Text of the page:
A Doll's House: The Importance Of Character Relationships And Developments

1408 words - 6 pages

It is known in IB that there are certain principles that define socio-cultural psychology; human beings are social animals, and we have a basic need to belong, culture influences behavior, humans are social animals, therefore they have a social self, and people's view of the world are resistant to change. The psychology of social relationships is key to analyzing the the affect of them on themes in literature. A great example of these principles and how they influence the character's thoughts and development into a theme is within a classic play by the Swedish playwright Henrik Ibsen. The character development within Henrik Ibsen's A Doll's House contributes to the themes within the play such as the role of women, parental obligations, and unreliability of appearances. The themes are displayed by the relationships between the character and the conflicts that arise, may they be external or internal. Along with the character development of individual characters, the relationships between them depending on their type of relationship such as platonic, one-sided, or requited love.
The setting of the play is within the Victorian Era of Sweden, and with this environment the role of women was even more apparent in the play. This theme was exemplified in a multitude of ways but the most important would be through women's sacrifice of integrity “...no man would sacrifice his honor for the woman he loves.” (Torvald Act 3) “It is a thing hundreds of thousands of women have done” (Nora Act 3). In the play the character Nora chose to take care of her husband instead of her father when both fell ill. It had revealed the the social expectations of women having their husbands as first priority after being married off, but if that had not been the case the father would have been first priority. Yet always men are put on a pedestal even when her hand is being passed on to another man. This era was especially strict in many respects, and even the mere talk of sex and even babies was distasteful. Gender roles were pretty darn confining, women were expected to be submissive to their husbands; as husbands were expected to dominate. Women raised the children; while men provided for the household. So it went, Anyone who challenged these deeply entrenched values faced some serious consequences, albeit within the play Torvald is especially lenient with Nora. This relates to the second principle on how culture influence behavior, despite the way Torvald regards Nora at times, she is expected to abide to her husbands wishes as the culture allows, and even hides her discrepancies of the cultural norm by lying to him.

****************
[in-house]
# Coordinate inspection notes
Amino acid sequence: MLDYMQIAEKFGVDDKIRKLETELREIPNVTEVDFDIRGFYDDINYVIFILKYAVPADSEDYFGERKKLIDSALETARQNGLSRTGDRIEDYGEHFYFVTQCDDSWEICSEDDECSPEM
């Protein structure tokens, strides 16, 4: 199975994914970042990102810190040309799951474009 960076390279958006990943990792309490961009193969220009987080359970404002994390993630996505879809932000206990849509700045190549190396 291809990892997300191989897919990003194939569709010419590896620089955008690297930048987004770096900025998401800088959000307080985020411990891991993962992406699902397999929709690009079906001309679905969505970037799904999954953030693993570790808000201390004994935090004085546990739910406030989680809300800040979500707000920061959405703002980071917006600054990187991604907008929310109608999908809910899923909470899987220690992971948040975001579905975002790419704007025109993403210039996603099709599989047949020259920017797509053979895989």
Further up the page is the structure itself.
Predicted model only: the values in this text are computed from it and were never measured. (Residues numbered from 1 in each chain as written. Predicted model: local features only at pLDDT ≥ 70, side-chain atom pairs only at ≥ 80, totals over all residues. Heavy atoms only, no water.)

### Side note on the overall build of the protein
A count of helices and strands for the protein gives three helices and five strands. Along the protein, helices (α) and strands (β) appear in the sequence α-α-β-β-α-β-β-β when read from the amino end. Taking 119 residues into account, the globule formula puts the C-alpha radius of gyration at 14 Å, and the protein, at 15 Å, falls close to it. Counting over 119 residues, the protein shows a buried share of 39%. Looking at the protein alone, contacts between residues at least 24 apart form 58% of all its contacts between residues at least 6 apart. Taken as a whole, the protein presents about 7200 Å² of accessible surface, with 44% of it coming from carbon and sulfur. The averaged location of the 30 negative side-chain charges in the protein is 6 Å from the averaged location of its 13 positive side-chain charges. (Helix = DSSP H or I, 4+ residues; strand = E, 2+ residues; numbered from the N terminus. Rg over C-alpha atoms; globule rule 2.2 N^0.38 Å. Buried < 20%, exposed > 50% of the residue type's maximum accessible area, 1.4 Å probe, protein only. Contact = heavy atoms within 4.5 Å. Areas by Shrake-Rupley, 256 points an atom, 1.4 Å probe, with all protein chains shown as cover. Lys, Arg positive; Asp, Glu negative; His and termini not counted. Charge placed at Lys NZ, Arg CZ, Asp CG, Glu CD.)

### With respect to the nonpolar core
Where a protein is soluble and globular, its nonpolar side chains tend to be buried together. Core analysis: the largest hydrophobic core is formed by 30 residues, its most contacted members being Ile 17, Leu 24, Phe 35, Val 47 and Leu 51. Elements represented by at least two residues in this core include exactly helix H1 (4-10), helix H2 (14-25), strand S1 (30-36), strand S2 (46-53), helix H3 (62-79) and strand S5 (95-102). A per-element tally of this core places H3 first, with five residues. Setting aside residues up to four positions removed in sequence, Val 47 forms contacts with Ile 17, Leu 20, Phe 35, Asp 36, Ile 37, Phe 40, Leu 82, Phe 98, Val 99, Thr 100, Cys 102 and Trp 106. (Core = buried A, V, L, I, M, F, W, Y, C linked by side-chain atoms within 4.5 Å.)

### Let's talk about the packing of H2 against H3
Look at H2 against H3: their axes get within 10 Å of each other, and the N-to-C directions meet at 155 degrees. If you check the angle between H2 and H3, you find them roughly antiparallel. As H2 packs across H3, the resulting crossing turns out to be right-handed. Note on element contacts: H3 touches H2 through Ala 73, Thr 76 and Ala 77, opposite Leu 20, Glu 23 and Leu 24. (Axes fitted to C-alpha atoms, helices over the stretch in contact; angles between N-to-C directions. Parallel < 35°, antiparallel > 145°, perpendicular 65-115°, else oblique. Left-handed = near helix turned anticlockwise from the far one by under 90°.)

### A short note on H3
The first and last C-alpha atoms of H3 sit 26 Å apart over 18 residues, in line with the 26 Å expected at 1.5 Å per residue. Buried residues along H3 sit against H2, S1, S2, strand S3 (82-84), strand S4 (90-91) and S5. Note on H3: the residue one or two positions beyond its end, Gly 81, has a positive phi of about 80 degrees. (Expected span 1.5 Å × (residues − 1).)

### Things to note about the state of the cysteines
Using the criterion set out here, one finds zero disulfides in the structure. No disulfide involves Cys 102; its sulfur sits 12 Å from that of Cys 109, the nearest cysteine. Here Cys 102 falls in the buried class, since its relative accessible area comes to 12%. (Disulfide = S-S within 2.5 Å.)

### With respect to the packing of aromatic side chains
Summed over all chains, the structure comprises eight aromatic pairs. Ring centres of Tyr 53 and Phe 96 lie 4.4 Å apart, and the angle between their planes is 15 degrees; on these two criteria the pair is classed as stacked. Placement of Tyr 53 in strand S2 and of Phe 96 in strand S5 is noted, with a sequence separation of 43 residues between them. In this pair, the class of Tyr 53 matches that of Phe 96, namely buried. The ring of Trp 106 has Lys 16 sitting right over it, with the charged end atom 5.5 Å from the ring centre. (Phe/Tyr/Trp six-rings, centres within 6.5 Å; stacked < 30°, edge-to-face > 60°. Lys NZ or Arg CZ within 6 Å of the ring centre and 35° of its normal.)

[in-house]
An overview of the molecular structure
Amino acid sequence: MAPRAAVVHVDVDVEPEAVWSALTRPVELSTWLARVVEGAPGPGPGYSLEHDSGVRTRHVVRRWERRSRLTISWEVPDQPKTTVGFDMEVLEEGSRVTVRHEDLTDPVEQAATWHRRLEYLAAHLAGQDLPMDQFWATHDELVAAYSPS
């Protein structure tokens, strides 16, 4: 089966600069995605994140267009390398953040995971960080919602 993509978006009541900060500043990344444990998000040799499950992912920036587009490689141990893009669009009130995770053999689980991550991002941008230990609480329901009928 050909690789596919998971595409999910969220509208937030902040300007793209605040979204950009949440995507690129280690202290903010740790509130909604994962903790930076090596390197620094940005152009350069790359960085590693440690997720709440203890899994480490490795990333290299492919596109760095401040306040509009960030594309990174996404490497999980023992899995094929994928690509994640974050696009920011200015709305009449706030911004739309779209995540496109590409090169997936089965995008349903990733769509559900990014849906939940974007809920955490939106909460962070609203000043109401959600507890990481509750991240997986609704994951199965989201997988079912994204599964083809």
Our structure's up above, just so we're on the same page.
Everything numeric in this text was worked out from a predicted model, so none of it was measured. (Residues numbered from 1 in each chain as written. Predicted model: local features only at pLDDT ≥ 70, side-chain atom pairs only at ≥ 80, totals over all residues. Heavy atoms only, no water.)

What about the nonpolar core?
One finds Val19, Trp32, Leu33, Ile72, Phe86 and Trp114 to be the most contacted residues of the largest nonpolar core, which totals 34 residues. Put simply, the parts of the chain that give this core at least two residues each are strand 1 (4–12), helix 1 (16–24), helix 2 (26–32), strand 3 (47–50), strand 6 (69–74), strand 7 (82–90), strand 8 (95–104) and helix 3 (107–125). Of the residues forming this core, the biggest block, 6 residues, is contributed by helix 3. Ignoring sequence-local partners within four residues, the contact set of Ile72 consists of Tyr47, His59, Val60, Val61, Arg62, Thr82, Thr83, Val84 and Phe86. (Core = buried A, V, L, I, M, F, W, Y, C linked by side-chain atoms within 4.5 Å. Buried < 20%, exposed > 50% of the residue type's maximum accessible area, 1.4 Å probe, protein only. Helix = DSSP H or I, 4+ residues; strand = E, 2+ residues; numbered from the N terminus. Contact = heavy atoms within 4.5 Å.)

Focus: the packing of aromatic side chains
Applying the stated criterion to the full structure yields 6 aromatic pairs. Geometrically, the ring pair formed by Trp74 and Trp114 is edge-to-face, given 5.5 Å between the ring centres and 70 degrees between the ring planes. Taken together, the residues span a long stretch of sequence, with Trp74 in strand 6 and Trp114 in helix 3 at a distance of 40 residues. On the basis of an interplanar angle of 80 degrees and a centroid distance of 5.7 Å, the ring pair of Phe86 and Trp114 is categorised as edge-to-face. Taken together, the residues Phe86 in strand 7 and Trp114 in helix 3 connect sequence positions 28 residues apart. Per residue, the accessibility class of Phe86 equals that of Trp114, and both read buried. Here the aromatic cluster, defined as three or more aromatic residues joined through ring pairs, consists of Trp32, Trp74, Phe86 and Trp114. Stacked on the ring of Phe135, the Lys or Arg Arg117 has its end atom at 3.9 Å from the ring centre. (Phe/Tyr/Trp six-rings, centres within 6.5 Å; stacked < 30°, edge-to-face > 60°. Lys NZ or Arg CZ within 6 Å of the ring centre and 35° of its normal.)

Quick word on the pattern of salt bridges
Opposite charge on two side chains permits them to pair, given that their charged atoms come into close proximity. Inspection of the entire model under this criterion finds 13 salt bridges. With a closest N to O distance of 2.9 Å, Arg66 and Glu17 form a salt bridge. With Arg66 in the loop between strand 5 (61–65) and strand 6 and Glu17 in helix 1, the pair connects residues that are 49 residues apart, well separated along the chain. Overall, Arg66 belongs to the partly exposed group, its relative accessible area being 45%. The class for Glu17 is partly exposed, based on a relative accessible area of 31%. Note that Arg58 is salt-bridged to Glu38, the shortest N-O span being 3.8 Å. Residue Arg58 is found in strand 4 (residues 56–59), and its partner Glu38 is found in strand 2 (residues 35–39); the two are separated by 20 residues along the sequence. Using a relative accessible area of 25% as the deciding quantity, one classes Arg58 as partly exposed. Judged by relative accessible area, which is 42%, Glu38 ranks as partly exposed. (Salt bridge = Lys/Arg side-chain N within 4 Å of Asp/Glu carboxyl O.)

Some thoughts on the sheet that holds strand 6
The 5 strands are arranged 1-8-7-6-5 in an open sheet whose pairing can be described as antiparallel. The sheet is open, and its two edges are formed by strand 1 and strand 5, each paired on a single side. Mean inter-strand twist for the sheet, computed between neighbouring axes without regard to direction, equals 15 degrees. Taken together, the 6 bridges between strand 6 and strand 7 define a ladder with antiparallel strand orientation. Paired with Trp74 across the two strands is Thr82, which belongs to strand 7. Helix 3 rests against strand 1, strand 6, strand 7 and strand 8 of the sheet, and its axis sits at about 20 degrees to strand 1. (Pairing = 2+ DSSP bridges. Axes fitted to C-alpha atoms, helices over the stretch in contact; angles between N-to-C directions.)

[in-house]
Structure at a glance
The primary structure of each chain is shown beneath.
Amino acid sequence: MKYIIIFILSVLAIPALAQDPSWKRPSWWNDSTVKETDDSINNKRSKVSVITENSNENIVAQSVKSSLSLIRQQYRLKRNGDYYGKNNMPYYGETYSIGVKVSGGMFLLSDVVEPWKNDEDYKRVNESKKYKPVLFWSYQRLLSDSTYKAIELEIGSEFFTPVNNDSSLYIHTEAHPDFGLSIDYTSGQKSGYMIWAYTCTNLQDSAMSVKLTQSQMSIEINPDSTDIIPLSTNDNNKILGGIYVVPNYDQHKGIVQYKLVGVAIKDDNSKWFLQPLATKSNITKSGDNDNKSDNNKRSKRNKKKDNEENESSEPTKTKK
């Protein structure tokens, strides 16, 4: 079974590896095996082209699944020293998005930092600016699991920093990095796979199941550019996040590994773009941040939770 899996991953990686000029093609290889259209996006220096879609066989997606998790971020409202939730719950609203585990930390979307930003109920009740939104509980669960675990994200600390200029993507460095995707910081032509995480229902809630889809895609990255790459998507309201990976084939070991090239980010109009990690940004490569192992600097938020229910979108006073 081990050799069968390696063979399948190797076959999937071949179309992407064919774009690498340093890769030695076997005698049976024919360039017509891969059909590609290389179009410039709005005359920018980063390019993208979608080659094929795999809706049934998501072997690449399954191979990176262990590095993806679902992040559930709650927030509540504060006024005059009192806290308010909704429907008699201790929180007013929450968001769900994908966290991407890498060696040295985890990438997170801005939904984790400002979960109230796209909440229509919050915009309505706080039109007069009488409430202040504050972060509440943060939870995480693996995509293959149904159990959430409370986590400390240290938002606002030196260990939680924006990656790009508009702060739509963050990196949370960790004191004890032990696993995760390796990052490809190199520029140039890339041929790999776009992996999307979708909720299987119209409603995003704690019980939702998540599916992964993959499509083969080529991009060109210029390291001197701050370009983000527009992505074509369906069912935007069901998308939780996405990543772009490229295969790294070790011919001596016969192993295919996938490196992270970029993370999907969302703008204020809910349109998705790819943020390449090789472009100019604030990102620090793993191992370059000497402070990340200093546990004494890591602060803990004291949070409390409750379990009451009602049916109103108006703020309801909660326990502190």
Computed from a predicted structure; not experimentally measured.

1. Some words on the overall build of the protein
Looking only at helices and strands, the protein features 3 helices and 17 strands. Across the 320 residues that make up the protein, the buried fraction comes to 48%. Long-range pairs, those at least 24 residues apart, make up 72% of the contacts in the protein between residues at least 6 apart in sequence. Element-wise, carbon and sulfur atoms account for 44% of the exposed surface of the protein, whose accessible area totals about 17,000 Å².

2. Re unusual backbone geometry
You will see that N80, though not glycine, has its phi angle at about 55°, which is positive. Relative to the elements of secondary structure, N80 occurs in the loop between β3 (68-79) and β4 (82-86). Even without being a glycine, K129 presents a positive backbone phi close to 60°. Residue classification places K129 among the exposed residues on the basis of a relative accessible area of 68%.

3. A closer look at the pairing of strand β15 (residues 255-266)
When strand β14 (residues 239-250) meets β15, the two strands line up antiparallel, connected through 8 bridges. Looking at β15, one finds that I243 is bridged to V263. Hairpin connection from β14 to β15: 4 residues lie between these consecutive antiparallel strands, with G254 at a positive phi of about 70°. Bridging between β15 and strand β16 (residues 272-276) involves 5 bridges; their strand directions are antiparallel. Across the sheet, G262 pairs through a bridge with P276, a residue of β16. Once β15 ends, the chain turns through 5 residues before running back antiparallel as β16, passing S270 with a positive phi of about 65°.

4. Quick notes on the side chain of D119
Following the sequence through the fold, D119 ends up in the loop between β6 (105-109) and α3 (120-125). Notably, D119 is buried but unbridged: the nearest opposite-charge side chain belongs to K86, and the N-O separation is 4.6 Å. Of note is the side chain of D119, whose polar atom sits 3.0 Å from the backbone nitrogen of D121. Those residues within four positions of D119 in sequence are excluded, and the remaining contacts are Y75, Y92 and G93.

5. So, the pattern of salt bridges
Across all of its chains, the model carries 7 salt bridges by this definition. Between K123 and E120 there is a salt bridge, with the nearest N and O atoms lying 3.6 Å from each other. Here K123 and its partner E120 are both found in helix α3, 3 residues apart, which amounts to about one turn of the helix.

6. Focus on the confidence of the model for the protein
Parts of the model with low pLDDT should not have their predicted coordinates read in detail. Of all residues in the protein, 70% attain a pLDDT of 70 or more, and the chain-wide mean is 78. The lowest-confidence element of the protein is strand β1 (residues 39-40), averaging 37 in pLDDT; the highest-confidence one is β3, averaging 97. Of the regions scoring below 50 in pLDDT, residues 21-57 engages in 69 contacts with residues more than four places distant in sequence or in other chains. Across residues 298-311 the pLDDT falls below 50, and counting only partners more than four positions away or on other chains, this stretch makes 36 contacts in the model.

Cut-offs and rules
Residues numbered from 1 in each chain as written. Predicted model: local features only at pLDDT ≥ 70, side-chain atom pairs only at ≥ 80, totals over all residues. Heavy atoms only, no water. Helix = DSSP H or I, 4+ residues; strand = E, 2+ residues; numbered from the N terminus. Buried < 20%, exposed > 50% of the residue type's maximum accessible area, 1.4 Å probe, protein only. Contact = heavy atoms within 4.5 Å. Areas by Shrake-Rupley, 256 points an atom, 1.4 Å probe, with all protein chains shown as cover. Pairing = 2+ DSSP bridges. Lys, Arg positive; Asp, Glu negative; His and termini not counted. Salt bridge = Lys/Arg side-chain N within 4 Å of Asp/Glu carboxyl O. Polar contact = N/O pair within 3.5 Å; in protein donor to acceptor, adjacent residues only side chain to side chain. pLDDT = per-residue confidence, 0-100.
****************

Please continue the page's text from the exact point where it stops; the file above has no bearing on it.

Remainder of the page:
Throughout the play the theme of parental obligations and the internal struggle to accept them reoccurs in both major and minor characters. For example the Nanny of the Helmer household had to abandon her own children in order to accept the job of taking care of Nora's kids. Although Nora herself ignores parental obligations at all costs, even though she has...

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